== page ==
The COVID19 pandemic driven market crash and subsequent rebound over the past year is another wake up call of how catastrophic events seem to tie financial and non-financial events together with a reach affecting people across the planet, well beyond Wall Street. Impulsive reactions to a major market or black swan economic event in the short term can end up being of greater harm and consequence to your portfolio and long-term plans than the actual incident itself.
Uncommon Events are Becoming More Common
Former Wall Street trader and finance professor Nassim Nicholas Taleb’s book “Fooled by Randomness” describes a “black swan” event as an occurrence that 1) is beyond normal expectations that is so rare that even the possibility that it might occur is unknown, 2) has a catastrophic impact and 3) is explained in hindsight as if it were actually predictable.
Black Swan events are becoming more frequent rather than being a rarity, from the dot.com crash (2000), 9/11 Terrorist Attacks and Afghanistan War (2001), Iraq War (2003) China SARS Virus (2003), Global Financial & housing Meltdown (2008), Fukushima Nuclear Disaster (2011), Crude Oil Crash (2014), China Black Monday (2015), Zika Virus (2016) and most recently the COVID19 Pandemic (2020).
For more than a century, diversified portfolios have helped create and conserve wealth for those who have stuck to their plans despite fear and uncertainty by employing an ongoing, repeatable investment process and sticking with it. Helping to ensure short-term pessimism is not at the expense of long-term optimism is a major key to successful investing over time.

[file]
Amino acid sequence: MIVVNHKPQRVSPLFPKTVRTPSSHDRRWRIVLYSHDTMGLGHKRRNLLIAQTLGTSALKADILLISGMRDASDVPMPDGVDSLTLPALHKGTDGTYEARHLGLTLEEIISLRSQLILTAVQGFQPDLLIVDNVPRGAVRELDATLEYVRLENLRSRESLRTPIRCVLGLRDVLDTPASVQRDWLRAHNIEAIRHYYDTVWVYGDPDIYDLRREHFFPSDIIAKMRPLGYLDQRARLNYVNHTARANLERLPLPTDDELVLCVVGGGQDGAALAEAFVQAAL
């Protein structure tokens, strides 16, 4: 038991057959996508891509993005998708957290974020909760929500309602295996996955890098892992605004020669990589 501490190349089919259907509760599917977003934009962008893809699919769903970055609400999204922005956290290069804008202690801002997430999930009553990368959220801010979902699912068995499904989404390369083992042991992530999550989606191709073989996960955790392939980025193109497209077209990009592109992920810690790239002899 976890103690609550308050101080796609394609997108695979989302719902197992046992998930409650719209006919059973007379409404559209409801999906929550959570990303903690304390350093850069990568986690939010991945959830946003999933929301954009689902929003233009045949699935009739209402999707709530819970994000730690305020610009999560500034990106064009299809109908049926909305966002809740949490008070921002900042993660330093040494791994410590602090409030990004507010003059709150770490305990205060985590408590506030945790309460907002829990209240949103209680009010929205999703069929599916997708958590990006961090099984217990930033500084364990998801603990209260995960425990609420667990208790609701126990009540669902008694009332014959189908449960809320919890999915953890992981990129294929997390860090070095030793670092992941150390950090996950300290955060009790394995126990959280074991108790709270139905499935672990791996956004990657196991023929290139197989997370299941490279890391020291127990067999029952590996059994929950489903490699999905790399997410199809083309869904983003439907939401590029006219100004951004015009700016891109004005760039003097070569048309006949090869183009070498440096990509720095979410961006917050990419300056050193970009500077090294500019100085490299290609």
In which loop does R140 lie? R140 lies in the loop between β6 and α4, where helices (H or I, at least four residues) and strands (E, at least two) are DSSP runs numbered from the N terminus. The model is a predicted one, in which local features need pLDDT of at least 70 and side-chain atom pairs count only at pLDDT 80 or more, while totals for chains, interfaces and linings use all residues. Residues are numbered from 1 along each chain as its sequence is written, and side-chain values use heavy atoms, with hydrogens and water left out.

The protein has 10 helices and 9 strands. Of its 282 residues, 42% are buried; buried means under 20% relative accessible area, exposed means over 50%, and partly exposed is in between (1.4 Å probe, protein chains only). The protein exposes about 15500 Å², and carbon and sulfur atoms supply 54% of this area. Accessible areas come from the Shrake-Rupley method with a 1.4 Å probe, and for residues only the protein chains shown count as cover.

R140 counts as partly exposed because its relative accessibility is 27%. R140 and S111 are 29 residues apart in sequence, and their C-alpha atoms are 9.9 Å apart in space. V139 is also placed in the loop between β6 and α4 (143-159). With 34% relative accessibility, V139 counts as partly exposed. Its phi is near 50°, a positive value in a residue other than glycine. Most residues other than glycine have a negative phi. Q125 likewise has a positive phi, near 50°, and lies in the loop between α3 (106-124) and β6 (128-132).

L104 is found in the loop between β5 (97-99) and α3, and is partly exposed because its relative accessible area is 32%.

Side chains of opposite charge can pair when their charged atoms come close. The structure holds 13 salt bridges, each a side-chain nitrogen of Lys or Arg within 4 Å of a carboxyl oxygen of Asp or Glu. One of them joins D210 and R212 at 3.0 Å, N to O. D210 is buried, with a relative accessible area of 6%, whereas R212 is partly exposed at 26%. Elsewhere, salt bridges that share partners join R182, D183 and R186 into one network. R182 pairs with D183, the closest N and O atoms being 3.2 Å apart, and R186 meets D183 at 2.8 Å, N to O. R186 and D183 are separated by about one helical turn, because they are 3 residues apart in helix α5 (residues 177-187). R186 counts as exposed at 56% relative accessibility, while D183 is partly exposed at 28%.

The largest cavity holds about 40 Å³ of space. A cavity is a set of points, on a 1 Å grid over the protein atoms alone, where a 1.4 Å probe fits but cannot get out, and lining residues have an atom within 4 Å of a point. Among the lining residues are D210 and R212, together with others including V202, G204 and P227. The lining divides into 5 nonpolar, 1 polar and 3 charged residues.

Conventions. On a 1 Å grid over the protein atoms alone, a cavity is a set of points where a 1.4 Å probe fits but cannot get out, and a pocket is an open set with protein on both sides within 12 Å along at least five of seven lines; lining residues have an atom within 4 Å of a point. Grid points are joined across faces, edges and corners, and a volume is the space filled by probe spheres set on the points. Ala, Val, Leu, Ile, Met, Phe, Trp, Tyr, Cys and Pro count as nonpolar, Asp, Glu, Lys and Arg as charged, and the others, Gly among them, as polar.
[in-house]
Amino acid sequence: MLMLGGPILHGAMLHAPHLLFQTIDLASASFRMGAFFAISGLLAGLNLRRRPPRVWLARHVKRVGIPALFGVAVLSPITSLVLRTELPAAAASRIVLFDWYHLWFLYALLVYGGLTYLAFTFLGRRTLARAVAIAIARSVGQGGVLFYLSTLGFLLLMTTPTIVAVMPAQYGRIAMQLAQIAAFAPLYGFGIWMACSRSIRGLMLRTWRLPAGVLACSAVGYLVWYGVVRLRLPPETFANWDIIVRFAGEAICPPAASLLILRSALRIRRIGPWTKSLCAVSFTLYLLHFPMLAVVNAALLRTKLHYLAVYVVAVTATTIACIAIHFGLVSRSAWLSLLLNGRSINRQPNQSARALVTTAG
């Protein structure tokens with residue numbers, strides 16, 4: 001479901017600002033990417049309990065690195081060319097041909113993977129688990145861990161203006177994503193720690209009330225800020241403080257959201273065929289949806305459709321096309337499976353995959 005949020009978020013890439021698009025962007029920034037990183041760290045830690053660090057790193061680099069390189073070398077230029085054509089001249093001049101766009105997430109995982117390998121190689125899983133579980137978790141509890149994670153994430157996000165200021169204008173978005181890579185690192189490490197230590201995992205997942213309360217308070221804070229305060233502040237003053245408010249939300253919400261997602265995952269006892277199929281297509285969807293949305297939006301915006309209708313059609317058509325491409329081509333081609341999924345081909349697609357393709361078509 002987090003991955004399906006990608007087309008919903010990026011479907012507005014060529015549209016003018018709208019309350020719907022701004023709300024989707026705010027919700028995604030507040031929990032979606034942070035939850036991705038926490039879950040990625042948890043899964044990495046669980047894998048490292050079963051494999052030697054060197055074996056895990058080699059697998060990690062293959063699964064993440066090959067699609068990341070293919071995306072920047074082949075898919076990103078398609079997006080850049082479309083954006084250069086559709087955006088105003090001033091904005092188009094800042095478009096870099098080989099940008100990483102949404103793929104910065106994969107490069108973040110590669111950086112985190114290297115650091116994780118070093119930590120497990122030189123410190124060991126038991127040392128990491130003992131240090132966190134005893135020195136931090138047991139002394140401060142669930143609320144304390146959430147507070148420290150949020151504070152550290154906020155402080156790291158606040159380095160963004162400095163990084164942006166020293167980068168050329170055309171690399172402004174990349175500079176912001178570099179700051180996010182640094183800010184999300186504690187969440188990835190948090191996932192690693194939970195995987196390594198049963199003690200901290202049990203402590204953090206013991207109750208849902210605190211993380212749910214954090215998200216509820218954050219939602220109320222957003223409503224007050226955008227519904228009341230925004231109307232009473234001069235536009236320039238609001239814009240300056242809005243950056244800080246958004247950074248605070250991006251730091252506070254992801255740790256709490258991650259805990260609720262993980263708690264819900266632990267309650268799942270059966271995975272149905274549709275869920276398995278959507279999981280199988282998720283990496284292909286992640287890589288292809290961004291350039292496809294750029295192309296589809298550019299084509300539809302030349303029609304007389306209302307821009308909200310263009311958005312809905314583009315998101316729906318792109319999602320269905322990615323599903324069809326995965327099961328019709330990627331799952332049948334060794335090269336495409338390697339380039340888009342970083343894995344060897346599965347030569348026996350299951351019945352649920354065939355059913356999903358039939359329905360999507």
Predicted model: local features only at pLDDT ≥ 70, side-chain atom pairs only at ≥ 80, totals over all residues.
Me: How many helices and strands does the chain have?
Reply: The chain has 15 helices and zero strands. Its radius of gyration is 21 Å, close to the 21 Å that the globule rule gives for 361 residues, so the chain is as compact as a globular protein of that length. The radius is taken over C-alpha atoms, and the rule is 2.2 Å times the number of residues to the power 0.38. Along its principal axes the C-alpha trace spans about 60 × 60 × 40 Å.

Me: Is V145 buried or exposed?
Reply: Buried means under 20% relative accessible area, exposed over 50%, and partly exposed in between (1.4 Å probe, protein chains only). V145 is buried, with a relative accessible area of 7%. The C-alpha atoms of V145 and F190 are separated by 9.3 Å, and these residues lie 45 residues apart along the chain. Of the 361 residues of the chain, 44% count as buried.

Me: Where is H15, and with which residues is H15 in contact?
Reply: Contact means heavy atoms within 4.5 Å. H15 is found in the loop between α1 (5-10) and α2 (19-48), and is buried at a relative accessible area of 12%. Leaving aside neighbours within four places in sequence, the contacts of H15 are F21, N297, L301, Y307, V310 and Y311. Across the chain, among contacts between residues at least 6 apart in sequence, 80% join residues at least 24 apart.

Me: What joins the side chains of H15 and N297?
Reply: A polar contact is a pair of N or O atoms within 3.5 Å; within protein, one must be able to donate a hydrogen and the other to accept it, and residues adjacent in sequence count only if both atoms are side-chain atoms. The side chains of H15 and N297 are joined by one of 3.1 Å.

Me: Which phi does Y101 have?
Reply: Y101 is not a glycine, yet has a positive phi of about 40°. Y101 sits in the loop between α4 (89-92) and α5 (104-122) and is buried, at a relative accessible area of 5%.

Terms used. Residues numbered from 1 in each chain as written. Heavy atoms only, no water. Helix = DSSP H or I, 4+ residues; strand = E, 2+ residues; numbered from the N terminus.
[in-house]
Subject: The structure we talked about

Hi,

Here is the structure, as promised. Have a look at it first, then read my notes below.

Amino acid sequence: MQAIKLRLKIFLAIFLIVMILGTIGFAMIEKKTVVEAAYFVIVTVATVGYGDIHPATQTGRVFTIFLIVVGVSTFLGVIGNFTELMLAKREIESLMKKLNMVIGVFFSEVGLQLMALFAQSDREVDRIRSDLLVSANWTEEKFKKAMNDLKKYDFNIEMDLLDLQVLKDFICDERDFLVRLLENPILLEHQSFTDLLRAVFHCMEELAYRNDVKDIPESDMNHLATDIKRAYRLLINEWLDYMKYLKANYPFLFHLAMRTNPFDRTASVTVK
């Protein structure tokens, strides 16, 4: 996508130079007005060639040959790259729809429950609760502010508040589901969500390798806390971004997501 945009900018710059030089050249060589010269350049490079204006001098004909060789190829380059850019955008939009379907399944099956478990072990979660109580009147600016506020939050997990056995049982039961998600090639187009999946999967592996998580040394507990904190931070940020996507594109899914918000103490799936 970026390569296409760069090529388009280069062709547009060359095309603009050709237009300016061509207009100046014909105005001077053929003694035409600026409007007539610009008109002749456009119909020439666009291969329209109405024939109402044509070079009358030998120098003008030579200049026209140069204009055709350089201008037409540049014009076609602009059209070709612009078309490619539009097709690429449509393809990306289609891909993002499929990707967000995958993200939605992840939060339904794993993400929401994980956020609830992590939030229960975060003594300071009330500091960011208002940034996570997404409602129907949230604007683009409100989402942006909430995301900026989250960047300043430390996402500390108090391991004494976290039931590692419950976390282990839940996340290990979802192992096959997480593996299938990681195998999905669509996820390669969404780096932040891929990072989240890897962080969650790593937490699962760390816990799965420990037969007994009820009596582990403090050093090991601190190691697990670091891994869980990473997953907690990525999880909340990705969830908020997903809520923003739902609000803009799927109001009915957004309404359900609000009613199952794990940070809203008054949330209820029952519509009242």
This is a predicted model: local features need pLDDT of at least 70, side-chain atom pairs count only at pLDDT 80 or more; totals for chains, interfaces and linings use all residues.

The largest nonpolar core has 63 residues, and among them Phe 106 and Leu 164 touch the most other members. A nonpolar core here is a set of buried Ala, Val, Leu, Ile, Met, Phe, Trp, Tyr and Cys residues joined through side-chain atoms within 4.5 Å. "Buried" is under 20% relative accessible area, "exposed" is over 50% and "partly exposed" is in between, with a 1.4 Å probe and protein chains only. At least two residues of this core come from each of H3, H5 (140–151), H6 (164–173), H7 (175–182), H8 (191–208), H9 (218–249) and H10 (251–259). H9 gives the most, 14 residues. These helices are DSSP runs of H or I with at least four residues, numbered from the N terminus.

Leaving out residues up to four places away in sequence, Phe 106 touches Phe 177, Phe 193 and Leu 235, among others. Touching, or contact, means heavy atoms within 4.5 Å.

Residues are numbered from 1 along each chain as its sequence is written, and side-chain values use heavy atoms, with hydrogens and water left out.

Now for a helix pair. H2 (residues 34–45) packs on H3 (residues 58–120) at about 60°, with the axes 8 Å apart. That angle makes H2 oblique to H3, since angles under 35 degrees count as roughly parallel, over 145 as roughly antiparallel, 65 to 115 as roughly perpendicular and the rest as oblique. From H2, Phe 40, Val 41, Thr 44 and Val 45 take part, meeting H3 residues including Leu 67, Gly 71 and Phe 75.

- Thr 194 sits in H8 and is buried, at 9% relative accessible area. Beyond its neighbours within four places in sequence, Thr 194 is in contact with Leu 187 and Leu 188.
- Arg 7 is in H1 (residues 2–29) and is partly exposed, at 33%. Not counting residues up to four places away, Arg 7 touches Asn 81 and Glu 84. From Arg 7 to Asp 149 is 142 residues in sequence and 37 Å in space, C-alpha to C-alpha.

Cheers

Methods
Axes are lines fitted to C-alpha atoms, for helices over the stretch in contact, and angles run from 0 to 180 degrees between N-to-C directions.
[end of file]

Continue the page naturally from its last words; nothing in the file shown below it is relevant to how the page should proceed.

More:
Where We’ve Come Over the Past Year
2021 has been a historic year for the economy and stock market. Economic activity is recovering at a once-in-a-lifetime pace as businesses expand and consumers spend. Financial markets are grinding higher with many major indices generating double-digit returns year-to-date, despite shifts in sector leadership. Inflation, which has been subdued for decades, is heating up. The pandemic rages on in parts of the world, but signs of recovery are spreading too.
If the best guidance for long-term investors last year was to focus on the light at the end of the tunnel, today the economy has already cleared the tunnel. In fact, it’s likely that, in the second quarter, U.S. GDP broke through previous peaks reached in 2019. Many economic indicators, from manufacturing PMIs to retail spending, are at levels not seen in a generation.
This is even more true of the stock market which has been anticipating a full recovery since last year. S&P 500 earnings-per-share have returned to pre-pandemic peaks and are expected to grow at a breakneck pace over the next year. While valuations have been stretched to almost dot-com era levels, growing earnings could continue to keep the bull market healthy. (see below) Rising interest rates and commodity prices, while tricky for bonds and inflation, have helped a variety of sectors including financials, energy and materials.
While the comparison to pre-pandemic levels is natural, the market is already looking further down the road. Consensus expectations are that the economy will hit a new gear as the business cycle continues forward. The pent-up demand in spending on both goods and services could be met by a further ramp up in new hiring activity by businesses large and small.
As the recession and recovery have been unusual by historical standards, there are reasons to believe that diversified portfolios can do well, even with the uncertainty of inflation and rising interest rates. Below are five investor concerns and insights that can help keep questions in perspective as part of our 2021 mid-year economic and market outlook.
Top Five Investor Issues
1 Has the economy fully recovered?
The U.S. economy, measured by GDP, had already recovered to within 1% of its pre-pandemic peak at the end of the first quarter. All signs point to an economy that achieved new highs in the second. From industrial production to retail sales, nearly all gauges of economic activity show signs of strong growth. Of course, this is expected during the early stages of a recovery and reasonable investors should expect the pace to slow somewhat.